“You can’t let praise or criticism get to you. It’s a weakness to get caught up in either one.” – John Wooden, basketball coach
Just about the shortest criticism short of “No” there is. It can really sting, leading us to think that we’re not good enough, not loveable, that we don’t count etc.
When people utter these things they often feel that there’s something wrong in the situation, whether it’s in their own lives or the actual moment you both are experiencing. It’s the verbal equivalent of hitting someone over the head.
There’s no explanation as to what the problem is and we’re left there trying to figure it out. This is not constructive and isn’t of any other benefit than making one person feel relieved and the other feel bad. Zero-sum game.
I was watching a documentary called “Heckler” by Jamie Kennedy. As the title implies it’s about hecklers, but also about critics and the performers subjected to that criticism.
The whole thing, to me, felt like a rant on how these people shouldn’t be allowed their say because of the fact that the things they say can be hurtful. While I understand that there is a need for the criticism to be constructive the documentary itself didn’t provide a constructive way to solve this issue. To be fair, it probably isn’t an easy issue to solve during the course of an hour.
Nonetheless, it was interesting to hear reflections from both sides of the argument for and against critics. Hecklers, well, those who choose that road mostly get what they deserve from life.
So, if we can’t avoid these comments or make them go away, how do we handle it?
This answer is really cliché but it’s short and to the point: “Don’t take it personally!”.
When people give us unconstructive criticism it’s not about us as people. It’s about our actions. Something that we’ve DONE has caused them to react. That doesn’t mean that we as a person are at fault.
We might have the best of intentions and most people might’ve liked it but for this person it didn’t work. That’s fine. We need to accept that fact.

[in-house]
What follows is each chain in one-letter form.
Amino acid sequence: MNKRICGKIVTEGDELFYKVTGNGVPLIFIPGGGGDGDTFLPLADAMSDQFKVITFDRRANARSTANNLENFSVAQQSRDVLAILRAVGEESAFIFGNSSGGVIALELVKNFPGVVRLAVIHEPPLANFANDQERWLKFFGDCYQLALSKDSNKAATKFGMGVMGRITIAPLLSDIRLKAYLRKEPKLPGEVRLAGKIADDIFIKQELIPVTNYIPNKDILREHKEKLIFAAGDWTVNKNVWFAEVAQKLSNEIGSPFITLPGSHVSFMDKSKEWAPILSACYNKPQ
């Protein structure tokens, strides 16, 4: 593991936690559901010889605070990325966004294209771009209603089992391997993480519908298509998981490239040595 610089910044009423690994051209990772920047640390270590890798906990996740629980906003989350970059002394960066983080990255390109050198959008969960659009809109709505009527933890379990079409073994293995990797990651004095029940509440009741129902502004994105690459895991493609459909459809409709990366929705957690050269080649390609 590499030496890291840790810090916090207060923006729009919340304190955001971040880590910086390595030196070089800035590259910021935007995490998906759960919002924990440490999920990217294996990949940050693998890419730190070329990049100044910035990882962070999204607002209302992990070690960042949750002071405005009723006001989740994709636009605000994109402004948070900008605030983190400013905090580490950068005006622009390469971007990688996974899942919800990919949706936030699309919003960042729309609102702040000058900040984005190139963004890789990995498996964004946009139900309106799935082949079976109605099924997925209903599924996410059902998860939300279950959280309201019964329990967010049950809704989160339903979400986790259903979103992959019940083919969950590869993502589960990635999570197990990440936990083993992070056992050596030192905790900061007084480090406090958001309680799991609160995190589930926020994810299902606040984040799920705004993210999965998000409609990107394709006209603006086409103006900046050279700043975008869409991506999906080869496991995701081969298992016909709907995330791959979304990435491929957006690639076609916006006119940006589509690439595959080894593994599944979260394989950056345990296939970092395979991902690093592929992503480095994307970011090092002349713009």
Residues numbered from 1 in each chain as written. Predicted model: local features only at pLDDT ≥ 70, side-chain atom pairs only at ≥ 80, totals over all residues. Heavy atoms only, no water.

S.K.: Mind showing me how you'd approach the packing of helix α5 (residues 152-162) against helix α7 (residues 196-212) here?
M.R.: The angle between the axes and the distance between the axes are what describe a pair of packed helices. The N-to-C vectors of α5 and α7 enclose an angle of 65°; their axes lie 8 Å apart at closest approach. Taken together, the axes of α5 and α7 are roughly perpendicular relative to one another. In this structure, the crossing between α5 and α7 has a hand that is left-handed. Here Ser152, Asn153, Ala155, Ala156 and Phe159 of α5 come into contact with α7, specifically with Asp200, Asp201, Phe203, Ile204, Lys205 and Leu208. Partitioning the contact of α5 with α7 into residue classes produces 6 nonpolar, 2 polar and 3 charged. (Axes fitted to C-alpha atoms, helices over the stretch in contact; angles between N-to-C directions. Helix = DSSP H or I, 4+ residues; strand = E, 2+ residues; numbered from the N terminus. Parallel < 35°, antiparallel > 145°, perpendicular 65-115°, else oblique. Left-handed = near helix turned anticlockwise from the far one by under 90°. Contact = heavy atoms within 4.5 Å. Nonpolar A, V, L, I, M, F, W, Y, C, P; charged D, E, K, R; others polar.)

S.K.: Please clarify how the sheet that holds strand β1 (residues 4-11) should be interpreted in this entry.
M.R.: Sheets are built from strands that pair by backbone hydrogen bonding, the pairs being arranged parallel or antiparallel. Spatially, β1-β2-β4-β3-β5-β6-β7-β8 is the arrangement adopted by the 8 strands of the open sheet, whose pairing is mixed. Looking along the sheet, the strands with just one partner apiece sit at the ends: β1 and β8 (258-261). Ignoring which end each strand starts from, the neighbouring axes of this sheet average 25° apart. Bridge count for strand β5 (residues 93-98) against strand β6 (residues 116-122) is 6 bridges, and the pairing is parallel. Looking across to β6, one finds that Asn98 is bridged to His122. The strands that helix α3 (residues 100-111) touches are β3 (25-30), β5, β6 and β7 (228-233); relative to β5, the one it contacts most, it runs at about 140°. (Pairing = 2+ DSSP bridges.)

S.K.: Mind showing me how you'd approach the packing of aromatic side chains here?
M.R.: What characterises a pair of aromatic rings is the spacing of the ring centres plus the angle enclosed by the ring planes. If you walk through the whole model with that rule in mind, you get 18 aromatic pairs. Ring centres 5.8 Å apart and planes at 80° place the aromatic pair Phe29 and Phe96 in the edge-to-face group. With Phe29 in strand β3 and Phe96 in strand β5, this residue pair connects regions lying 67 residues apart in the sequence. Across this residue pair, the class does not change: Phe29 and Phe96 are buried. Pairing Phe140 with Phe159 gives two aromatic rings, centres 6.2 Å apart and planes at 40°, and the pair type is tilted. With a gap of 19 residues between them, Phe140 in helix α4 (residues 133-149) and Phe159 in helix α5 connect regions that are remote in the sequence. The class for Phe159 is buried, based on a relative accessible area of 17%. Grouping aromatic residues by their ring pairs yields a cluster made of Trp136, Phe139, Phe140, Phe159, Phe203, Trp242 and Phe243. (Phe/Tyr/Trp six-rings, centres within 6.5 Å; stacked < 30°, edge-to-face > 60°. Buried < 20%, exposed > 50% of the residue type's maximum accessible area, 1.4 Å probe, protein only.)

Sure, we might want to think about how we act in the future if it’s something we want to change but that persons feelings don’t dictate whether or not you’re a good person.
There’s a saying that goes: “What other people think of you is none of your business” and I really believe that’s true.
Earlier in my career a conversation was happening right in front of me between two guys and I happened to overhear part of it when one guy said:
“Thanks, man! You know, I’m not creative…”
Since this was kind of my shtick I butted in and said something like: “Don’t kid yourself, we’re all born creative. The lies we tell ourselves tend to come true.”
Now, I wore a broad smile and didn’t think that my statement would be percieved as arrogant or condescending. Clearly, it was. The guy gave me a look and said: “And who the fuck are you?”.
Right at that moment I noticed that the guy had a gun. In my infinite wisdom I politely exited the conversation, pleasantly moving on with my life.
What I could’ve done is to think: “Man, that guy really hated my guts!” and felt really bad about it. What I did instead was to look at the feedback and look at what actions I could take in the future to avoid that type of situation.
1) Don’t just butt in to other peoples conversations without asking for permission.
2) Language. Don’t get preachy, people don’t like that. I know I don’t.
3) Be genuinely interested in understanding the person before dishing out advice. What I was doing was trying to fix what I thought of as a problem. They might not want it fixed for all I know?
We can’t control what other people think of us. If we’re dying to get their approval we’re doing it for all the wrong reasons.
This might not stop us from worrying or caring about what other people think of us. What it might do is to let us act in spite of what they think.
I think I’ll leave on that note with a pretty little dance showing the “Law of Diffusion of Innovations” in action while inspiring us to dance like nobody’s watching!
We might look at the above clip and think that it just took one guy inspiring another and then others started to follow.
What no one sees is that the guy had several others come up to him before this and leaving because others didn’t join in.
Did this stop the guy? No.
He kept on dancing 15 minutes on his own before the above clip happened. He didn’t care if others tagged along or not. He just did what he made him happy.
“Opportunity dances with those already on the dance floor.” – H. Jackson Brown, Jr.